June 14, 2024


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Key excerpts in judge’s scathing ruling on new Florida voting law

The 2020 election in Florida produced a record turnout of voters and saw Democratic voters surpassing Republicans in the use of vote-by-mail ballots.

But in the Capitol, the GOP-dominated Legislature quickly moved to overhaul how Floridians vote. A bill passed last year (SB 90) imposed new rules for requesting a ballot, restricting the use of drop boxes and prohibiting third parties from providing water to voters waiting in line.

Previous coverage:

The League of Women Voters of Florida, the NAACP and others filed suit, alleging the bill aims to suppress the minority vote.

On Thursday, North Florida’s Chief U.S. District Judge Mark Walker agreed, ruling the law’s intent is to discriminate against Black Floridians. He used the term “nonsensical” five times to describe lawmakers’ justification for the new rules.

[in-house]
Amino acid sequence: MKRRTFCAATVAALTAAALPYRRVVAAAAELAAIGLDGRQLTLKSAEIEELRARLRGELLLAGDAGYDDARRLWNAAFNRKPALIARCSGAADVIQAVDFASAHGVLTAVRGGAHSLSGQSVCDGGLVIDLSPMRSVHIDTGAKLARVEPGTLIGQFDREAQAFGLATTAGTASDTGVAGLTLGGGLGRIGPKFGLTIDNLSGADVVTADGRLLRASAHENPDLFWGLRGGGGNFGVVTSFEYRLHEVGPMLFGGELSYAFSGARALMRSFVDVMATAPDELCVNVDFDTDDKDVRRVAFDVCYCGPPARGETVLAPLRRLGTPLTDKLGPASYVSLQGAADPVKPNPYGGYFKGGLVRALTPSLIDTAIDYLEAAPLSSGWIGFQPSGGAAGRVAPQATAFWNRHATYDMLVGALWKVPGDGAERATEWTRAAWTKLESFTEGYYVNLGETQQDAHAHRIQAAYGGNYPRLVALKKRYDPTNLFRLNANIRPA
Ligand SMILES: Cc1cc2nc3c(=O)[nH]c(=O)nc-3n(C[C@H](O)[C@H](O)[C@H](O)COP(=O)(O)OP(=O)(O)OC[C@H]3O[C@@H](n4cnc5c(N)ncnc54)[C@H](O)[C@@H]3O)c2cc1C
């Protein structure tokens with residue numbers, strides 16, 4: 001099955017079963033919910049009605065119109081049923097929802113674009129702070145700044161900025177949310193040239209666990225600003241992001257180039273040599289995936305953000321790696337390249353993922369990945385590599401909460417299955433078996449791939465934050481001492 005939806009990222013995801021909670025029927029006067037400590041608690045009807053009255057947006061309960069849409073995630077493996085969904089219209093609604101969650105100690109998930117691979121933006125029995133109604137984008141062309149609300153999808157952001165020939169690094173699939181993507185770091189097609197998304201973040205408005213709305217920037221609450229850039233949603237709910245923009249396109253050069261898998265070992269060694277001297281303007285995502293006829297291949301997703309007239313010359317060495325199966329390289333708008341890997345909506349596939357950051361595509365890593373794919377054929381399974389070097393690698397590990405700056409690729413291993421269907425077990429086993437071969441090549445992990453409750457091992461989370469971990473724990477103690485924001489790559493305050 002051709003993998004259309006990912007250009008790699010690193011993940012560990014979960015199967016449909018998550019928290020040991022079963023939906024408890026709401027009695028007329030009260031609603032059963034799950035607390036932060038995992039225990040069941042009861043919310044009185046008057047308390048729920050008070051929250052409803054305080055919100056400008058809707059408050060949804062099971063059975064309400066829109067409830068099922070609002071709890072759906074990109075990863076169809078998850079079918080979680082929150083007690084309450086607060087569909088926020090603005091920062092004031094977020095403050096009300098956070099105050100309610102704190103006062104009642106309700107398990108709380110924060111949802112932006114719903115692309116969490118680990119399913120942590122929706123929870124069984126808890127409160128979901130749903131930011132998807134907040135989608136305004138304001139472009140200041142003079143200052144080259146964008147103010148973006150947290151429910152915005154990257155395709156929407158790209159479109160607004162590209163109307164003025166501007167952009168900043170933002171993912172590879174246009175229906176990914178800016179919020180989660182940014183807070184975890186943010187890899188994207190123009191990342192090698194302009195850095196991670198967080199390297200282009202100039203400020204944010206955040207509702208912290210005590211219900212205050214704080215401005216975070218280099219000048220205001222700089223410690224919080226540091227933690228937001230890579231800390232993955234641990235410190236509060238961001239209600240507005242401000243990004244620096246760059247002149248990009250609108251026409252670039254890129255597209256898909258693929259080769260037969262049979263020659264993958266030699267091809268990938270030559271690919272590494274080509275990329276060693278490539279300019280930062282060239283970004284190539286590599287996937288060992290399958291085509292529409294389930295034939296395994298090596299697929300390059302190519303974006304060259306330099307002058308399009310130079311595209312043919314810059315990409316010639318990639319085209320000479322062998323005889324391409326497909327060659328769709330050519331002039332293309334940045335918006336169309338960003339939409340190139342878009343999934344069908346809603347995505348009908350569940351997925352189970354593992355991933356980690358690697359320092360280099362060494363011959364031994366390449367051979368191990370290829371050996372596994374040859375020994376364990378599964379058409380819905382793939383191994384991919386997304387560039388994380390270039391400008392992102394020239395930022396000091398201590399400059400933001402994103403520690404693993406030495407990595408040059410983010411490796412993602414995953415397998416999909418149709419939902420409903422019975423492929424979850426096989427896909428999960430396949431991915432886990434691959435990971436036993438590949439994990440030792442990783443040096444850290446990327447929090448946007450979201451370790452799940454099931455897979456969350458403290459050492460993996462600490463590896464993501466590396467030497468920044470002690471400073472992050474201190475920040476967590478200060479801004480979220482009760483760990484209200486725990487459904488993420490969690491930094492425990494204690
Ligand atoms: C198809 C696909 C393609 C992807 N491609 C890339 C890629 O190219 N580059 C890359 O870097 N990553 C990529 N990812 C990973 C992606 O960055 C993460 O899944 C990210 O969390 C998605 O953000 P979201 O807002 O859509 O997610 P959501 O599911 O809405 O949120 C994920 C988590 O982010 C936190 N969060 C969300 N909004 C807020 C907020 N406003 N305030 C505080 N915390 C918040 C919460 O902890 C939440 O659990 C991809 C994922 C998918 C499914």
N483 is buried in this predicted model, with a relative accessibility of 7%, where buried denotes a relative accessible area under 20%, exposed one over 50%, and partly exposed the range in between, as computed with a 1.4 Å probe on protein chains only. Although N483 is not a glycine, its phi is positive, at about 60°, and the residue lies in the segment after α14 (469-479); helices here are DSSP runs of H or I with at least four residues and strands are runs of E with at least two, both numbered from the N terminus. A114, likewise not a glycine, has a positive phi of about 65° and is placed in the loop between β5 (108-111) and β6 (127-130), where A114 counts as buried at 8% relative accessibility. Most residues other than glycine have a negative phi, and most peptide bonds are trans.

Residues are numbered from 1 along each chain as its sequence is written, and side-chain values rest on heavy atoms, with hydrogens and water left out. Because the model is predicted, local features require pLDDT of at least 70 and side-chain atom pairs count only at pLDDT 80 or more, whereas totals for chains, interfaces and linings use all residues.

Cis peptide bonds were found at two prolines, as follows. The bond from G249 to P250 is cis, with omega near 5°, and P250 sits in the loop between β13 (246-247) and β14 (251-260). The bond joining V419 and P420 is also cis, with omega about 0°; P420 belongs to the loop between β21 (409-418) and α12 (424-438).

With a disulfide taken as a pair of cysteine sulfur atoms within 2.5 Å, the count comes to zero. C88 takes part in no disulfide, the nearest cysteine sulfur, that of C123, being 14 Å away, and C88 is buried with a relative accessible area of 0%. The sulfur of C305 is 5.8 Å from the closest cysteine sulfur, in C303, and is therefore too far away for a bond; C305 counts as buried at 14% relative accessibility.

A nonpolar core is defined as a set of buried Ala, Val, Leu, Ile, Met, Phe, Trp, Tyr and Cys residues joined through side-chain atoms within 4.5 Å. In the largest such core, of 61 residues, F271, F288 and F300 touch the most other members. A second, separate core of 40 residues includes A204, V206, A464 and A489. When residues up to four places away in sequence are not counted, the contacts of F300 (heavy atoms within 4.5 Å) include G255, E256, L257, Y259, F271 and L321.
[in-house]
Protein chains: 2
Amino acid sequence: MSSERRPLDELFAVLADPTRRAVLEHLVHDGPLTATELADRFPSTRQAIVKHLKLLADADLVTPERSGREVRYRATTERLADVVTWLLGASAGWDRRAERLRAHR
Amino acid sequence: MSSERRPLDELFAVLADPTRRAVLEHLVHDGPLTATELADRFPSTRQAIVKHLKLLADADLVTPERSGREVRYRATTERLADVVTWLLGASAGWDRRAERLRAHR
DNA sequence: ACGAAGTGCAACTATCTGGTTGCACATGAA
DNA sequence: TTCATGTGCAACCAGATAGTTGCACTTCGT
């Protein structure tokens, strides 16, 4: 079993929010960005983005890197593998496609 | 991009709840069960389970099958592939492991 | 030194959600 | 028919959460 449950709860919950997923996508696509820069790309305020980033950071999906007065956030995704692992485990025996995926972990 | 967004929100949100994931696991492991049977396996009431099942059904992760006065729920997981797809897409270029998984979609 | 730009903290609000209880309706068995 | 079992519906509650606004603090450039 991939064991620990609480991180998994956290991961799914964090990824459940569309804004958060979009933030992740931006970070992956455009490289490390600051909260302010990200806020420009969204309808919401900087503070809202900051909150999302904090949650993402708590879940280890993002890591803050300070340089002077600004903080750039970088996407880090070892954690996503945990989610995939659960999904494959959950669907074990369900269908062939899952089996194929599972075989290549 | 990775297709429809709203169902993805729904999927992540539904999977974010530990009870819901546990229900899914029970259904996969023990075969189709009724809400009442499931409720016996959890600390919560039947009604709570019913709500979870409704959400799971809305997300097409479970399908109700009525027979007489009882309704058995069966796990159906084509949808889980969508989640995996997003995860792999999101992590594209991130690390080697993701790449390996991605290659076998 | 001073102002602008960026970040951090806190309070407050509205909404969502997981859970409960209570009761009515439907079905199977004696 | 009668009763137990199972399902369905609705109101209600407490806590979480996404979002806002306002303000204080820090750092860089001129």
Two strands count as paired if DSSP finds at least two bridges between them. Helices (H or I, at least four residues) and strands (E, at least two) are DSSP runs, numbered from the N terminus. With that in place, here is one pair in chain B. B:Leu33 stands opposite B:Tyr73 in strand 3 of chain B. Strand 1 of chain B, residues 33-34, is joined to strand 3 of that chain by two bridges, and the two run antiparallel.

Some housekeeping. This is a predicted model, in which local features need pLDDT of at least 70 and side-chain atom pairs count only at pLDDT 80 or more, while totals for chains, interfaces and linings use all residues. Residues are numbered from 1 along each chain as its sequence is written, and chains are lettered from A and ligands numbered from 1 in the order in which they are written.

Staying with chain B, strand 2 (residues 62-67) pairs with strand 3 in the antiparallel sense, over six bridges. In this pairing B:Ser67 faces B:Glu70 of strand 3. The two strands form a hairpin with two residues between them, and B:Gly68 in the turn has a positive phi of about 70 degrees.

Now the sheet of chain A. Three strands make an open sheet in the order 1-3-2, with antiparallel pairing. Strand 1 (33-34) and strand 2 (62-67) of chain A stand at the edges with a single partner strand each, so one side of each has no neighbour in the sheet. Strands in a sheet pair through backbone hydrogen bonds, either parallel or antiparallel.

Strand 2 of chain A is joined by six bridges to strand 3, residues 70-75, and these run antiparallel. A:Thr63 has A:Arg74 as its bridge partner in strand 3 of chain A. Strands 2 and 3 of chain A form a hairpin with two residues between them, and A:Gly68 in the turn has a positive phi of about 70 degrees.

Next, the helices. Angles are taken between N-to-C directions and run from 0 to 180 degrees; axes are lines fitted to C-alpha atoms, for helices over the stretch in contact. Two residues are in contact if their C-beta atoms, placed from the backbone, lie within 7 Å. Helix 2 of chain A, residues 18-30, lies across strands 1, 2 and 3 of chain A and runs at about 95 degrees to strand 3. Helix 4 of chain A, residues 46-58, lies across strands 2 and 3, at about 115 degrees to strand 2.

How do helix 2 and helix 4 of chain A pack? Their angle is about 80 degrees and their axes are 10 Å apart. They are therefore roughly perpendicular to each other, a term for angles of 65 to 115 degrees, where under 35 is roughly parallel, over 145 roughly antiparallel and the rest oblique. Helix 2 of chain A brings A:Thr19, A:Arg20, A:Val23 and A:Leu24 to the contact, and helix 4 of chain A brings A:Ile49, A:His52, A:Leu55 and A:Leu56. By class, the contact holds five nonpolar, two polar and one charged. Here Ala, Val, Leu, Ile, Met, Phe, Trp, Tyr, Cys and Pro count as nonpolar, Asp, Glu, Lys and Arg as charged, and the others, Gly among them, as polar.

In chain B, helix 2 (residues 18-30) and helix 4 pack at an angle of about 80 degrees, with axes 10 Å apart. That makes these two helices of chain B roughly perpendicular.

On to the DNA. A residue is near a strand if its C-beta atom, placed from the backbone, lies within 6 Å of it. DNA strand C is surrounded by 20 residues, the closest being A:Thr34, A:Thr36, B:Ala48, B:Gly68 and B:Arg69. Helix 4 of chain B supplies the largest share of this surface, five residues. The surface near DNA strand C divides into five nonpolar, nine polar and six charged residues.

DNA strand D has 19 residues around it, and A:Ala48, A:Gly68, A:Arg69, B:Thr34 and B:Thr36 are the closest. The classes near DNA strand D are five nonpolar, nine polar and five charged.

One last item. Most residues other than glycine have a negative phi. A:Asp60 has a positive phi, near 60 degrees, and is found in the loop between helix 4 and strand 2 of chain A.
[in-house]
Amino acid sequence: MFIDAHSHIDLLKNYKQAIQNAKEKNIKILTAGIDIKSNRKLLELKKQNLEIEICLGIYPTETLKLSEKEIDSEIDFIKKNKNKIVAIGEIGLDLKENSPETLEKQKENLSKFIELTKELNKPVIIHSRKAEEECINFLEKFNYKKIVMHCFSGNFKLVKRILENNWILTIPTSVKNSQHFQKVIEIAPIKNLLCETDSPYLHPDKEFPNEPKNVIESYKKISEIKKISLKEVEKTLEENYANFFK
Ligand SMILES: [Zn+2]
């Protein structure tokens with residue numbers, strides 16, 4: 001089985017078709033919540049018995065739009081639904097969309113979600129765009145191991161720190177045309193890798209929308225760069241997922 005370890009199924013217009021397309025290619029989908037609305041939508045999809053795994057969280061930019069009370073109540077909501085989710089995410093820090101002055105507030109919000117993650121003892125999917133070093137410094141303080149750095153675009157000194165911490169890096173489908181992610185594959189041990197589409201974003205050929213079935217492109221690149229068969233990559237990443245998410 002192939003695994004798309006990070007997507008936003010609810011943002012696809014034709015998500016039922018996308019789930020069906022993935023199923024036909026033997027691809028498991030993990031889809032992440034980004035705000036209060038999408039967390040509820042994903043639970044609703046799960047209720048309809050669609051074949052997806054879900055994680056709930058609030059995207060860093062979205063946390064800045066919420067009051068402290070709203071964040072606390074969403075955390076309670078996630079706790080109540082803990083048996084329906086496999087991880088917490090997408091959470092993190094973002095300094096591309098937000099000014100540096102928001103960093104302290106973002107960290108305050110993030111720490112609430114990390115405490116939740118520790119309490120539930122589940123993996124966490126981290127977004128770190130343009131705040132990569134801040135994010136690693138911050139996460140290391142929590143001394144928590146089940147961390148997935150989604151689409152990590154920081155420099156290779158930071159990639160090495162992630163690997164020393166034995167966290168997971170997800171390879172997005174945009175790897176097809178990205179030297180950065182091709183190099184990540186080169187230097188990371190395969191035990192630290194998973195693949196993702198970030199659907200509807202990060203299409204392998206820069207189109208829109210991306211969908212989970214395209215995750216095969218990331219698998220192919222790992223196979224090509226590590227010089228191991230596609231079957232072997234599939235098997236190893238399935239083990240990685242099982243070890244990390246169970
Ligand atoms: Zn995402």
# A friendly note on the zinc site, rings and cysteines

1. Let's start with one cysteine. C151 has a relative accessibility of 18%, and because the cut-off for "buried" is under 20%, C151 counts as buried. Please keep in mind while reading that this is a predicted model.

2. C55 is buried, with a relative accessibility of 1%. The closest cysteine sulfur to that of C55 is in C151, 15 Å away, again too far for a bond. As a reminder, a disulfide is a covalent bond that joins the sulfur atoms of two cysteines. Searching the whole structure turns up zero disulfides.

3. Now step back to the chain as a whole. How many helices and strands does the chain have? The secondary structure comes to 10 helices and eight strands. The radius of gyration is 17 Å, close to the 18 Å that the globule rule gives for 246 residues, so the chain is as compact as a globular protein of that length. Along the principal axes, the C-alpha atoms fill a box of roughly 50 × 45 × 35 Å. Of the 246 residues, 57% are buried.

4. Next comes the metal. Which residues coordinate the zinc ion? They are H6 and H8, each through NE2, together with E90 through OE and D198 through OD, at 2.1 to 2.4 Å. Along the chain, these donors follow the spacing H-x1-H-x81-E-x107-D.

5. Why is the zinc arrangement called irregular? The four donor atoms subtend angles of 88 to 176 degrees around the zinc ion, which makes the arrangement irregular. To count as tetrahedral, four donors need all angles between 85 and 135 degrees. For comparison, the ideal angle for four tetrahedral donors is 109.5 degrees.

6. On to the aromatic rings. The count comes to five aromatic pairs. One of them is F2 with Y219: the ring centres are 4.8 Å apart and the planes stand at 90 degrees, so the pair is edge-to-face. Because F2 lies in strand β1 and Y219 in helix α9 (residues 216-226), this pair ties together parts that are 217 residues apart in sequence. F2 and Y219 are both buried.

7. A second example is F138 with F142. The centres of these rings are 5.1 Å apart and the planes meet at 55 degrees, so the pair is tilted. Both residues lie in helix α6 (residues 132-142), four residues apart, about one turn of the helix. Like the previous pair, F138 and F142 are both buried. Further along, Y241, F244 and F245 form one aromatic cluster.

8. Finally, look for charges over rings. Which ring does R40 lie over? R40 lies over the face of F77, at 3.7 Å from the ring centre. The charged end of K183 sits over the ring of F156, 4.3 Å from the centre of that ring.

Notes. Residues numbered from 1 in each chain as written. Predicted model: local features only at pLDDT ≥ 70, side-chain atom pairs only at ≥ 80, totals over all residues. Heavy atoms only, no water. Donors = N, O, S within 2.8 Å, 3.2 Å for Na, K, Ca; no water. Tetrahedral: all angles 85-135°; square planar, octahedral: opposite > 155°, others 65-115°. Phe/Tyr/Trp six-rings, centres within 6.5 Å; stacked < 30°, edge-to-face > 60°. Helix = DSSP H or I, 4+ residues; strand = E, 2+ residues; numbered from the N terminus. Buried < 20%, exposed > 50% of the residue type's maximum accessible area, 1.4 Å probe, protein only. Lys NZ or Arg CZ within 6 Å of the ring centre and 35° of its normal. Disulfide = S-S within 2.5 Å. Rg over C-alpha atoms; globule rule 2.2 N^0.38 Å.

Walker wrote that Republican legislators and cabinet officials over the last 20 years have given in to the temptation “to secure their own position by enacting laws targeting Black voters … because of their affiliation with the Democratic party.”

The blowback from legislative leaders was quick and fierce.

House Speaker Chris Sprowls, R-Palm Harbor, said Walker relied on leaps of logic, unsupported inferences and the “uncritical and complete acceptance of the comments of Democratic lawmakers, and a total disregard for other viewpoints” to reach such a conclusion.

Senate President Wilton Simpson, R-Trilby, said he was appalled by the ruling and called it unprofessional, inaccurate, and unbecoming for a judge, adding the “Florida Senate looks forward to continuing to advocate for fair, free, transparent and secure elections.”

Pastors, lawmakers and activists gathered to stand in opposition to SB 90, a bill that would make changes to the vote-by-mail process in front of the Historic Capitol Thursday, March 25, 2021.

Gov. Ron DeSantis said he expected an unfavorable ruling from Walker, an appointee of of President Obama, calling it “performative partisanship.”